Evan Longoria arrived at Tampa Bay Rays spring training Monday, and in a short time, the star third baseman crossed paths with Andrew Friedman, the club’s executive vice president of baseball operations. As expected, the good words between the two flowed, Longoria pleased with Tampa Bay’s movement since last fall.
Keeping David Price. Re-signing James Loney. Welcoming back David DeJesus. Snagging Grant Balfour.
The verdict: Clear approval.
"I’m really looking forward to the year," Longoria said at Charlotte Sports Park. "I got a chance to see Andrew already today and kind of just congratulated him. I thought that from the outside looking in, he did probably one of his finest jobs with this team — the acquisitions that we’ve made, and the people that we were able to keep around."
As for Longoria, he has a simple goal for 2014: Perform much like he did last season. This time last spring, he entered with a mission of staying healthy after playing in a career-low 74 games in 2012.
For the most part, Longoria delivered. He played in a career-high 160 games. He hit .269 with 32 home runs and 88 RBI. By his standards, the season was inconsistent — he slumped through July by hitting .194 with four home runs and 11 RBI — but he was pleased with the end result.
"I felt like overall last year, we accomplished a lot," Longoria said. "Looking back, there were times when we could have been better. There are always those times, but I’d just like to do the same thing."
To little surprise, he has support from his manager, who expects big things are possible for the three-time All-Star. Where Longoria leads, the Rays will follow. The challenge, to be sure, will come from within.
"As you continue to move forward with Longo, I still believe you should constantly see a slight uptick in all of his offensive numbers only because he works so hard," Rays manager Joe Maddon said. "He’s so aware — knowing everybody better, knowing himself better. All those things, I think, you’re going to consistently see that little bit of uptick."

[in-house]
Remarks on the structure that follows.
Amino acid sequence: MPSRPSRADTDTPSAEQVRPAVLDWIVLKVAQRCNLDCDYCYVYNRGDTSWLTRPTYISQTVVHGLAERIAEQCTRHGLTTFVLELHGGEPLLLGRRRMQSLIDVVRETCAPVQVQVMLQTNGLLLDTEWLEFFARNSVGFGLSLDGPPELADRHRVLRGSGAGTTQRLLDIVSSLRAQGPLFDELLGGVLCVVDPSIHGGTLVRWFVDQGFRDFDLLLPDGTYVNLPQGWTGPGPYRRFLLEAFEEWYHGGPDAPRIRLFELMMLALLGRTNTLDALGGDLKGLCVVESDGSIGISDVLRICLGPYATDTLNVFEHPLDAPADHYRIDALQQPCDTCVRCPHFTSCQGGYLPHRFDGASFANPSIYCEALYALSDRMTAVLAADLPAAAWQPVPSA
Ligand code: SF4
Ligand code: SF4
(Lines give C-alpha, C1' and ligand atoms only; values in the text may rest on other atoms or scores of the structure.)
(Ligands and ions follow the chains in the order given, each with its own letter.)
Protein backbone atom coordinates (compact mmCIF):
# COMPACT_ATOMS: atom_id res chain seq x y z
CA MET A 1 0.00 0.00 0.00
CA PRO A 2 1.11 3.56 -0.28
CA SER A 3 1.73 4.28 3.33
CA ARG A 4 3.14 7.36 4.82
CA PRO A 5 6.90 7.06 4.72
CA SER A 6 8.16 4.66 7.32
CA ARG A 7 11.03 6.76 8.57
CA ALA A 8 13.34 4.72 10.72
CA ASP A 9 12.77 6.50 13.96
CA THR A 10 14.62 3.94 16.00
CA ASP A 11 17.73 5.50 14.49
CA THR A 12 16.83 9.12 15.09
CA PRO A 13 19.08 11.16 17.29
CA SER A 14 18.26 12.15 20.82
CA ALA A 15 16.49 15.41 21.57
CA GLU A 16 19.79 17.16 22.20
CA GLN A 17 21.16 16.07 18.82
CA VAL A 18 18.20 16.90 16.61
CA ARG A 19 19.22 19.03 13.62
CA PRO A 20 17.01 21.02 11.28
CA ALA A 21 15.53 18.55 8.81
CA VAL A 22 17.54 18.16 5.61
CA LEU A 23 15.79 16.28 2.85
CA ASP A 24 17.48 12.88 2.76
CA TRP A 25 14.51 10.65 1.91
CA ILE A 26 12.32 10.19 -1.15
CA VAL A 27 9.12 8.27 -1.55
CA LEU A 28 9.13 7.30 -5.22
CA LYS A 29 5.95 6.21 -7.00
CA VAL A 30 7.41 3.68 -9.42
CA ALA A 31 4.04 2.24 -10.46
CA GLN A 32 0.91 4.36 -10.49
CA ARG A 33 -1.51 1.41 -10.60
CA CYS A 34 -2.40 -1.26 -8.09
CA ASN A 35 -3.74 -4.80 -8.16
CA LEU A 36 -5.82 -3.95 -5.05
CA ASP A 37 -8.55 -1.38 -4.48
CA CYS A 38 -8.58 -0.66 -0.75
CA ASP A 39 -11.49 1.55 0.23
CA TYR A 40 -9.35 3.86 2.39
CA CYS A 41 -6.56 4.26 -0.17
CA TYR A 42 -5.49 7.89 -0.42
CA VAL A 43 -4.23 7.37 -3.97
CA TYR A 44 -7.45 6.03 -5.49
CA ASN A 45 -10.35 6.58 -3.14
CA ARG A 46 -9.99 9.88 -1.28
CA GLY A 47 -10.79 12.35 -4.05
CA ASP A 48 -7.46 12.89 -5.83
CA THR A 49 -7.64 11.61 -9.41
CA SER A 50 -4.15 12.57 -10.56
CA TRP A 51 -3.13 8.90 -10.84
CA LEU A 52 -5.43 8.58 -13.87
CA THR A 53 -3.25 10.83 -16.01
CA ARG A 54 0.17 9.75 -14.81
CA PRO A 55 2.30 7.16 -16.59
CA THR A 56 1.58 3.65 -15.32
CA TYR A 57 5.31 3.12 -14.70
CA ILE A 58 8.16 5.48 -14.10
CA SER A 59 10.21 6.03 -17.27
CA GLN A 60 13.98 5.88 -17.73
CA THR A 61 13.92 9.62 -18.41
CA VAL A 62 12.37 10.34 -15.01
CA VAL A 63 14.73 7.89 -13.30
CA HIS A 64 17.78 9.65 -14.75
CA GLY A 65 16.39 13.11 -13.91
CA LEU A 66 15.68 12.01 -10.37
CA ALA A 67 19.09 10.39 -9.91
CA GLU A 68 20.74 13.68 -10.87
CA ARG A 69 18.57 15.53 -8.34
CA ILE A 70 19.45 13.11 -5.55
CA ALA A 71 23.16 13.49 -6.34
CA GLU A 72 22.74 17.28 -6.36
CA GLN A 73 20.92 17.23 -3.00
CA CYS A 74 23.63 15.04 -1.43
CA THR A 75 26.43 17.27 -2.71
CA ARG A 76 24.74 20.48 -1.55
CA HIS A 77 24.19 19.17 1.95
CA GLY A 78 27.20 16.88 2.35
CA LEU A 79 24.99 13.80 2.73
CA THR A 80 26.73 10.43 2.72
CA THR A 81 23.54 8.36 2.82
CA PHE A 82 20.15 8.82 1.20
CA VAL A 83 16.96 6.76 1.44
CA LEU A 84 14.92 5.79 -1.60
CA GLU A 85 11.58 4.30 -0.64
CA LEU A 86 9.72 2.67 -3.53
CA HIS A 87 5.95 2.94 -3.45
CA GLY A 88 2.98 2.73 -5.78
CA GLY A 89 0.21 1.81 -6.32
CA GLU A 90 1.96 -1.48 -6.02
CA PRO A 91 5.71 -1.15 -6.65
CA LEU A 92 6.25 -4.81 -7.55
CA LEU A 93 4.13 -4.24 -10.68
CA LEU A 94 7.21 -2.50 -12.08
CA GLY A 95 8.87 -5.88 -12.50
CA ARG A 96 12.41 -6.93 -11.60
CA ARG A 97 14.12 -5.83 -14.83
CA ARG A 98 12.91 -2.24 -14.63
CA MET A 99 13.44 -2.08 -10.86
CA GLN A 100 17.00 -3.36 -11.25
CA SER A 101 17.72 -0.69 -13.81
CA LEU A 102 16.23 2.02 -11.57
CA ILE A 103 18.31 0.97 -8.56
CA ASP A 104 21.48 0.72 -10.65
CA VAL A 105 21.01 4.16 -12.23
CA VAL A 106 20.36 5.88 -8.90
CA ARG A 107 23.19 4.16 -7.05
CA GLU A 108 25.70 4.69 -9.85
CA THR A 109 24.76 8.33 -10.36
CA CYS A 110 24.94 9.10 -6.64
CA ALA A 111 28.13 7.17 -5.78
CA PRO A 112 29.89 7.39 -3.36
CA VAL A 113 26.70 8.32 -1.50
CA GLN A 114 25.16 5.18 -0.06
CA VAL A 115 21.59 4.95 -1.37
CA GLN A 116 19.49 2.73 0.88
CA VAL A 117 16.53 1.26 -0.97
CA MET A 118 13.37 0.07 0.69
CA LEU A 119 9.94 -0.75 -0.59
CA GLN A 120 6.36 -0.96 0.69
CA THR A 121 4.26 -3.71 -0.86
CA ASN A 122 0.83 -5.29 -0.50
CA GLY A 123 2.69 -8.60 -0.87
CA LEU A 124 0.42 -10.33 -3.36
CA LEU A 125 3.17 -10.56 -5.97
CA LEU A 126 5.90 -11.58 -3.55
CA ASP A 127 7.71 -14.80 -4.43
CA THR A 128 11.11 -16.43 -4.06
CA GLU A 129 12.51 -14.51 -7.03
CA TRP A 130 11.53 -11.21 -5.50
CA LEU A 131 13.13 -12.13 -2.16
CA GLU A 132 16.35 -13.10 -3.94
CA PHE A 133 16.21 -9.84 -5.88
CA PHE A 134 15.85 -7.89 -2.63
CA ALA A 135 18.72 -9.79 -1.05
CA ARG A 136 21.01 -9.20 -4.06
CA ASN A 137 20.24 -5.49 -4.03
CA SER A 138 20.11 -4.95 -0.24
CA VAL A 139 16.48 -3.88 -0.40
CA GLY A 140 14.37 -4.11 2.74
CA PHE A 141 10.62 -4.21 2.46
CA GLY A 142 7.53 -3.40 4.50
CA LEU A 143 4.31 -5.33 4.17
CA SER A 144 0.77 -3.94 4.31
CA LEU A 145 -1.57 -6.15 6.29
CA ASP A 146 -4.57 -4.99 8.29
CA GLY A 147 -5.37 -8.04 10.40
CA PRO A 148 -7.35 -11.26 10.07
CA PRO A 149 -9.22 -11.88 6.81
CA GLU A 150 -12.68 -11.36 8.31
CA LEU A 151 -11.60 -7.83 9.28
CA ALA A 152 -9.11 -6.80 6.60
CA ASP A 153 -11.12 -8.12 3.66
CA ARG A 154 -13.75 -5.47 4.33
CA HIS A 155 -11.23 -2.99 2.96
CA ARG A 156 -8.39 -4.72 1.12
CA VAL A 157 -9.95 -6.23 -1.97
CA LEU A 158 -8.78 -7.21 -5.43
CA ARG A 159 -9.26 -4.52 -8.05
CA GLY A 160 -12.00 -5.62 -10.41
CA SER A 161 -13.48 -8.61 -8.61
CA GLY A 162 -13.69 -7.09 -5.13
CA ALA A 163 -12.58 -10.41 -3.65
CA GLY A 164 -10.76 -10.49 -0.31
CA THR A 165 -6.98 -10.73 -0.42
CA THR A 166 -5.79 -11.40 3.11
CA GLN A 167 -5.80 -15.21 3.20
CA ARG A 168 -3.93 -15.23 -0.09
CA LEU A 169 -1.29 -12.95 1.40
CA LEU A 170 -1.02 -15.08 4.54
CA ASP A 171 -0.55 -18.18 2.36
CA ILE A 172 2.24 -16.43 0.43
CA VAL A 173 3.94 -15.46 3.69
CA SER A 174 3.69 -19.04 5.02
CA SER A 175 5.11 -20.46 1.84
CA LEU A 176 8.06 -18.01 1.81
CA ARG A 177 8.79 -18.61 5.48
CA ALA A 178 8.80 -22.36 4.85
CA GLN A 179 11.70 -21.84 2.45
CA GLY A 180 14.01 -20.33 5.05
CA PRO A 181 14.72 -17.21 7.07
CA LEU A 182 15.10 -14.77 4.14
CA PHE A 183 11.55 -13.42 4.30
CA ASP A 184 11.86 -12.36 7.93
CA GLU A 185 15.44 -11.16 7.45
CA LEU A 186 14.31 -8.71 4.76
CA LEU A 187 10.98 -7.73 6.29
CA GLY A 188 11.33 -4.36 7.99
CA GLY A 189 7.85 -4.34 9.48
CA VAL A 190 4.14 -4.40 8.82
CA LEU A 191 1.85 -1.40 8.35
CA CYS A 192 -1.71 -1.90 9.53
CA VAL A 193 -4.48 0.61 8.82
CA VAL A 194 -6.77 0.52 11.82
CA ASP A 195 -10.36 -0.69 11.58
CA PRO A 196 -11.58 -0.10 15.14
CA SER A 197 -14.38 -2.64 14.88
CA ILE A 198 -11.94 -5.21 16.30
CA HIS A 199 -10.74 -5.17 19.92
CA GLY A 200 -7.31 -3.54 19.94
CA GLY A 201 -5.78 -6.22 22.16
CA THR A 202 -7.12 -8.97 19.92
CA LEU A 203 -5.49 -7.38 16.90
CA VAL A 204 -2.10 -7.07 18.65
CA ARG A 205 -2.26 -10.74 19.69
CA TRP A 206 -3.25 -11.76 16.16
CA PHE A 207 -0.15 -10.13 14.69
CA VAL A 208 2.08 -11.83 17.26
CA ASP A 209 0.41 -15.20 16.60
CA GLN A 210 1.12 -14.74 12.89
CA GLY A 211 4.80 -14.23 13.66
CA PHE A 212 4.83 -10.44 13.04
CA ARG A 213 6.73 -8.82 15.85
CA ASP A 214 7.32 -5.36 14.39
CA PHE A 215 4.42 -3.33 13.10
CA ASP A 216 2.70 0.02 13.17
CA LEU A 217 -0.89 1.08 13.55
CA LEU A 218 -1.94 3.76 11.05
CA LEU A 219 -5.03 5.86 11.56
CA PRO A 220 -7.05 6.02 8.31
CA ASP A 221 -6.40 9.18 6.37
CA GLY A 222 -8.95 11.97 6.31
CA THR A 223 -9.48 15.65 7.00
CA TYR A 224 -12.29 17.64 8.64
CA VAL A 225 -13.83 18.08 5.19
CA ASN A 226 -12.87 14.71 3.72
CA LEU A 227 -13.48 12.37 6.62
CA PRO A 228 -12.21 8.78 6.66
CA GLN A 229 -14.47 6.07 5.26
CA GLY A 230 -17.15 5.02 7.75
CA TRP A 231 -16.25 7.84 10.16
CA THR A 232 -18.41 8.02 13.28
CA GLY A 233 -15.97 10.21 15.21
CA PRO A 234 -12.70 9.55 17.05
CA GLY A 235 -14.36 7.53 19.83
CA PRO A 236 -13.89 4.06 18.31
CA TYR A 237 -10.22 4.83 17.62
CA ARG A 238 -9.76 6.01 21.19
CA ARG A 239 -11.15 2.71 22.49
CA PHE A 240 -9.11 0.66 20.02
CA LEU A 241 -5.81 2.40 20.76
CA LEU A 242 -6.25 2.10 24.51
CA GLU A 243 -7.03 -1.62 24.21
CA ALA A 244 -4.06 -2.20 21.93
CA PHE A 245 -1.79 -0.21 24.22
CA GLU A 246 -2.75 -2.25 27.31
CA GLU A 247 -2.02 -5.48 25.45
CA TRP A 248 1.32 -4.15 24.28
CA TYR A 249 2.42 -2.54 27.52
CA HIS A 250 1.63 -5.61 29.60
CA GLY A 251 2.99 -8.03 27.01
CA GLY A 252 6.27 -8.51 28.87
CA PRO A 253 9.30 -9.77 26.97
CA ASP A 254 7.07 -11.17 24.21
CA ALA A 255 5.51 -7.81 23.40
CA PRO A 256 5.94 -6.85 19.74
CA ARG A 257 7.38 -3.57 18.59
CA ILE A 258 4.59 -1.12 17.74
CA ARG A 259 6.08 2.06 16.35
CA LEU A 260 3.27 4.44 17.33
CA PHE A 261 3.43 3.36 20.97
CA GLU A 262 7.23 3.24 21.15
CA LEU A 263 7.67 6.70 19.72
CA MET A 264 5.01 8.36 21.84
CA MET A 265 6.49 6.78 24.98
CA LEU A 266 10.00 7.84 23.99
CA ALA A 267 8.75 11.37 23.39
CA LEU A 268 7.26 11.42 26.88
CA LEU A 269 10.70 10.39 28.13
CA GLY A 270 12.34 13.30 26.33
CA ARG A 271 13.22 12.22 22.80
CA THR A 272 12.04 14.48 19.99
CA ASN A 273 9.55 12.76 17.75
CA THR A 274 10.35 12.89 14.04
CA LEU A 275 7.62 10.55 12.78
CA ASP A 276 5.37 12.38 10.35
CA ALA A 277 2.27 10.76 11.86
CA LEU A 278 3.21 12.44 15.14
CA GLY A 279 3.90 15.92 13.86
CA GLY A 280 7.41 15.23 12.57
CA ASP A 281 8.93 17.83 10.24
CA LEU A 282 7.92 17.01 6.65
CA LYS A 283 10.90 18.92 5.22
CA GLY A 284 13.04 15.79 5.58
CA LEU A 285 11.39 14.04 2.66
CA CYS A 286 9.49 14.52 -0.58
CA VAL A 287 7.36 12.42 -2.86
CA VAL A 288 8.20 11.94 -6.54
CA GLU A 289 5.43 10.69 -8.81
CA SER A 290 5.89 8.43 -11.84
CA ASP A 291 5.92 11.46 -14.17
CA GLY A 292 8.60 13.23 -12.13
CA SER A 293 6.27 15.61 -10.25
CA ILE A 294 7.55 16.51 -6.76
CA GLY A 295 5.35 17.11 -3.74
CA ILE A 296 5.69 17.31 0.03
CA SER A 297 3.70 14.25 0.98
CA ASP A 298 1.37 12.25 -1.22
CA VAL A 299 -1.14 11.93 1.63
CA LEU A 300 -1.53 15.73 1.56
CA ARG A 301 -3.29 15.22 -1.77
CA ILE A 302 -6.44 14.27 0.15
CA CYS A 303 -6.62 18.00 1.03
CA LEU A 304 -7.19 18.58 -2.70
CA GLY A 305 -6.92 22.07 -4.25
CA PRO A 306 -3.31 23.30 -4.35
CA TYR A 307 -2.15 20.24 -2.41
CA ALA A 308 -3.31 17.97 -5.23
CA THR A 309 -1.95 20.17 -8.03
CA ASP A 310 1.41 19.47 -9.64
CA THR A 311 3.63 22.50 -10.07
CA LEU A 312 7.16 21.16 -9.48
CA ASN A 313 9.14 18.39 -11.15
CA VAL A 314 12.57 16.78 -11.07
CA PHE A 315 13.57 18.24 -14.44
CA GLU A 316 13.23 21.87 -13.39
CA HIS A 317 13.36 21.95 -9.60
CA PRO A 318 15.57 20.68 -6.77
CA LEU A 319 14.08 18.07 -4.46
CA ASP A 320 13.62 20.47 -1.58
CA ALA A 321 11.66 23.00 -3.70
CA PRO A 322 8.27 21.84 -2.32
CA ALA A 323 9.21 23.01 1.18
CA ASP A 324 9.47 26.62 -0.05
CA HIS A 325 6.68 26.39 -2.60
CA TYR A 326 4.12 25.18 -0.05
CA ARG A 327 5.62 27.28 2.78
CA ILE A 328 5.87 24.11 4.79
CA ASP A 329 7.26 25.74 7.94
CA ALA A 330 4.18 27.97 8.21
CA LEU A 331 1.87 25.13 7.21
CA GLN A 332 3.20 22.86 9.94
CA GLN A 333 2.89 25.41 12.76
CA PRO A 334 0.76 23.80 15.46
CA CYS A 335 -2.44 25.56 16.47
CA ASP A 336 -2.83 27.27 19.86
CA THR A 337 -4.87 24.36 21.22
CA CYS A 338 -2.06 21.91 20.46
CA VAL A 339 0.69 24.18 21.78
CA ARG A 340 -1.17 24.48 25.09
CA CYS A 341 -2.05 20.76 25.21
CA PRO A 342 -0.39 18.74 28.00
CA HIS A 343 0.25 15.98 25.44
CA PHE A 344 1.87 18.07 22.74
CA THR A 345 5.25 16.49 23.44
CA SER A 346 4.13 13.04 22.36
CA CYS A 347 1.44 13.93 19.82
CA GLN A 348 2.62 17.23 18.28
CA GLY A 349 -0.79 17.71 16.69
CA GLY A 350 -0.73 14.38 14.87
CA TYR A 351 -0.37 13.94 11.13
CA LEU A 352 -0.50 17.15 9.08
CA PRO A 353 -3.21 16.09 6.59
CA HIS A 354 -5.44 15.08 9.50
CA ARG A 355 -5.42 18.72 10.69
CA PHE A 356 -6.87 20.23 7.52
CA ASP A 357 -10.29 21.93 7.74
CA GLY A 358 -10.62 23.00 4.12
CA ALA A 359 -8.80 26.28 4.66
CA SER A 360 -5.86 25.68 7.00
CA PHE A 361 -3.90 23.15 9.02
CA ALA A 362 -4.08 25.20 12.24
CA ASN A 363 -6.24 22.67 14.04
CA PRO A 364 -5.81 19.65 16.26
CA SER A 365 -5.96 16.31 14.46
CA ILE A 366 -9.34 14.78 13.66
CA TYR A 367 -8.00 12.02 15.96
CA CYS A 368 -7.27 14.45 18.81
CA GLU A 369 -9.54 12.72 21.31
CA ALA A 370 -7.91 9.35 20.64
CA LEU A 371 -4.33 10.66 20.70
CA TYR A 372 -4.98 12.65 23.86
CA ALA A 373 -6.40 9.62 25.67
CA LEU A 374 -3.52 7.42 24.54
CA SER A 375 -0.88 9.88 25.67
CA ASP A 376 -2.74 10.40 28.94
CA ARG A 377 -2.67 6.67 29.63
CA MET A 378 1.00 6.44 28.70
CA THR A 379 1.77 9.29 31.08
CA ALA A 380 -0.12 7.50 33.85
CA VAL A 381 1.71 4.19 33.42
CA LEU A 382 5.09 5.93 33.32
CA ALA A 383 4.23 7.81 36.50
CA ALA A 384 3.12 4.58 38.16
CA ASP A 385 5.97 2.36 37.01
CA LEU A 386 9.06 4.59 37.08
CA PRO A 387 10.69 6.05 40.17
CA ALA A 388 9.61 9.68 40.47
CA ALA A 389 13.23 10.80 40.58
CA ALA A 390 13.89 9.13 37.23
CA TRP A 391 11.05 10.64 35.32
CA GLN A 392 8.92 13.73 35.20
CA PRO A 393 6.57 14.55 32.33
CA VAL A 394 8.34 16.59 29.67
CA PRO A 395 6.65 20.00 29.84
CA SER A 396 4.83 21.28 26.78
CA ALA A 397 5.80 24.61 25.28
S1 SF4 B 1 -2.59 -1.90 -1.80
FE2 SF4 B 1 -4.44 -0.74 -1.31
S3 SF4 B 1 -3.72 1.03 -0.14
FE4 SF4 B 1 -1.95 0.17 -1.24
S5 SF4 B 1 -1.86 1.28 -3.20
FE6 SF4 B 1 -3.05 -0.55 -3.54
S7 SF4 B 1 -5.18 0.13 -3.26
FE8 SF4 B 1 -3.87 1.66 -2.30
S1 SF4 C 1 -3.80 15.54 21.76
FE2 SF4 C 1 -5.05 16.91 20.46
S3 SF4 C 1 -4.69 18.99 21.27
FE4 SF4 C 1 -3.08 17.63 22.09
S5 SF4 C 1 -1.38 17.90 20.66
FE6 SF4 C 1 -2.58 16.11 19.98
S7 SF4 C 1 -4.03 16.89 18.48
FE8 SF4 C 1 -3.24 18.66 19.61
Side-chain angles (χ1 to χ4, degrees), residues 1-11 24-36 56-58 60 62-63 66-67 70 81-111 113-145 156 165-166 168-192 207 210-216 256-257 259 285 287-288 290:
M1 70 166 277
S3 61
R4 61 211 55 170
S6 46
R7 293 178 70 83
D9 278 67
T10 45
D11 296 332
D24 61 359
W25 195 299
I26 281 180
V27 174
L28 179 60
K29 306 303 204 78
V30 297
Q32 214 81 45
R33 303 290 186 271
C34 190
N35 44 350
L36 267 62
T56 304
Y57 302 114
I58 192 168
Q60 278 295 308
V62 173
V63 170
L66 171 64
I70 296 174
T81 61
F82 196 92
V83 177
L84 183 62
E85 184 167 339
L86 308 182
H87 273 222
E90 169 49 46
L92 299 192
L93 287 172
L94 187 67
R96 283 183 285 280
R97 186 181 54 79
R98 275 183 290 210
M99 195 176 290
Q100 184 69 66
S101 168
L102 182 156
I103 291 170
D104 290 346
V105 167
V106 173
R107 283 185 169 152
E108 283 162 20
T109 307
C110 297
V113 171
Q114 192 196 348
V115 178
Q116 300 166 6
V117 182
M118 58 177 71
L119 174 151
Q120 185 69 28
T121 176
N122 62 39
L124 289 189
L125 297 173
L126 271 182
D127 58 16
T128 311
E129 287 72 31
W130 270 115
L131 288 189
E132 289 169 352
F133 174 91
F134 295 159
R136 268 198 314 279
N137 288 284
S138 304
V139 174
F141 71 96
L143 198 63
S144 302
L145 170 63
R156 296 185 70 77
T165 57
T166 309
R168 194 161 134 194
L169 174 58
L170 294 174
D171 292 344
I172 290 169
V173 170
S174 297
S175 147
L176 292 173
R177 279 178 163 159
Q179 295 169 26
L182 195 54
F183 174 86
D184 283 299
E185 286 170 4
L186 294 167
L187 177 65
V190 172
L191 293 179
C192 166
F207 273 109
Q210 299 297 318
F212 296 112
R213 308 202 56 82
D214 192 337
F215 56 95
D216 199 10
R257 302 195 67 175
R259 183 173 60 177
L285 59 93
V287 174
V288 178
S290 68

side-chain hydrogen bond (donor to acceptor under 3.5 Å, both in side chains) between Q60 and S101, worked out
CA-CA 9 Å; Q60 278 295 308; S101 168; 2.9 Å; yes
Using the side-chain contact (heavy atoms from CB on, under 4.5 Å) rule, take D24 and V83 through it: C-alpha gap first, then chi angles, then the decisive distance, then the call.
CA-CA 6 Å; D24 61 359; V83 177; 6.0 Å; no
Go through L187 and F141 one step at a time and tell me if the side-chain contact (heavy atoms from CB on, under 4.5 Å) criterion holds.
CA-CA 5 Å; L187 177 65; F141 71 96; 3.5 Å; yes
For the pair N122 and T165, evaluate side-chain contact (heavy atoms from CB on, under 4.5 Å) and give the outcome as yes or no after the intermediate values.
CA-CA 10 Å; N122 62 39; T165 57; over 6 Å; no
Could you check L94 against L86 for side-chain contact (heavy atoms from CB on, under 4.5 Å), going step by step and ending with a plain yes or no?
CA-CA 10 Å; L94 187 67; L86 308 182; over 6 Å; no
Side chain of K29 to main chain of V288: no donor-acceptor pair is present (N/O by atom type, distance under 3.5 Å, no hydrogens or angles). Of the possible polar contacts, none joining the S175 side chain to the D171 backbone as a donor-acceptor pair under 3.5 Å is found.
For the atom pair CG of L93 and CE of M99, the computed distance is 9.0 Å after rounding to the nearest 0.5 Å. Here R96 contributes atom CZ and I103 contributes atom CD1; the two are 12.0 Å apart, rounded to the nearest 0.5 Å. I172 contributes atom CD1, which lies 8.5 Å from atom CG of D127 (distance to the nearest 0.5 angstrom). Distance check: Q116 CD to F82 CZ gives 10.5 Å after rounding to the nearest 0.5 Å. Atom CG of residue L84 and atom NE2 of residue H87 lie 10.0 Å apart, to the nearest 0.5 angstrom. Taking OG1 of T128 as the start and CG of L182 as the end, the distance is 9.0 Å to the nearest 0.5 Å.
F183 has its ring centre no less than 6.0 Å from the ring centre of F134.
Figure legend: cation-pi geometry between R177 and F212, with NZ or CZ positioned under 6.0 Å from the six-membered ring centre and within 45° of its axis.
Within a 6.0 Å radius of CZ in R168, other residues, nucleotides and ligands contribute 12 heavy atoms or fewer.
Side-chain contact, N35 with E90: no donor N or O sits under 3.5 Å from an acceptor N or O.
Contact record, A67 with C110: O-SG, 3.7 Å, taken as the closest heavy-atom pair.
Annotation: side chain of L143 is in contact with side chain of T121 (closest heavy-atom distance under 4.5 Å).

What’s with the catchy "Eat Last" mantra that the Rays have embraced, thanks to Longoria? It comes from reading a sports psychology book in the offseason by Simon Sinek called, "Leaders Eat Last: Why Some Teams Pull Together and Others Don’t."
It started like most things do: With a strike of inspiration. Then one thing led to another — Longoria was motivated to tell Maddon, who shared it with the world last Friday when pitchers and catchers reported for another beginning.
"One of the main focuses of the book is that human beings want to be around people who believe what they believe, and when you are, good things can happen," Longoria said. "When you’re with a group and you know everybody around you is all rowing in the same direction and wants the same things and you’re not scared to leave those people to make decisions for themselves and be human beings and be leaders in their own right, then you’re better. Everybody’s better. The group is better."
That means Longoria, too.
JAMES LONEY HAPPY TO BE BACK
First baseman James Loney reported to the Rays clubhouse Monday and appeared to be in good spirits following his agreement to a three-year, $21 million deal in January.
With his return, the Rays’ infield remains intact from last season. Each member was named an American League Gold Glove Award finalist, and all figure to be sound again.
"I wasn’t sure how it was going to turn out," said Loney, who hit .299 with 13 home runs and 75 RBI last season. "But I’m excited to be back. These guys are great. We had a good run last year, and we’re looking to build on that."
Centerfielder Desmond Jennings had a larger look when he arrived to the Rays clubhouse Monday. He added 10-15 pounds, the strategy to bulk up coming from the idea that he’ll lose at least 10 pounds throughout the spring.
"I probably lose at least 10 pounds on the field," Jennings said. "I’ll be around what I want to play with once the season starts."
Maddon has said he wants Jennings to hold down the lead-off spot regularly this season. Jennings, who hit .252 with 14 home runs and 54 RBI last season, is open to the idea.
"If that’s where I need to be for us to win games, wherever," Jennings said.
ALMOST ALL HERE
Fifty-eight of the Rays’ expected 64 players have reported to camp. The breakdown includes 31 of 33 pitchers and all seven catchers.
The only pitchers who haven’t arrived are right-handers Juan Sandoval and Juan Carlos Oviedo, who are both dealing with visa issues.
Tampa Bay’s spring roster includes 12 infielders and 12 outfielders. Twenty of 24 position players have checked in to camp before Wednesday’s report date. The first full-squad workout is scheduled for Thursday.
The Rays estimate that the first three workout sessions have attracted about 200 to 300 fans each day.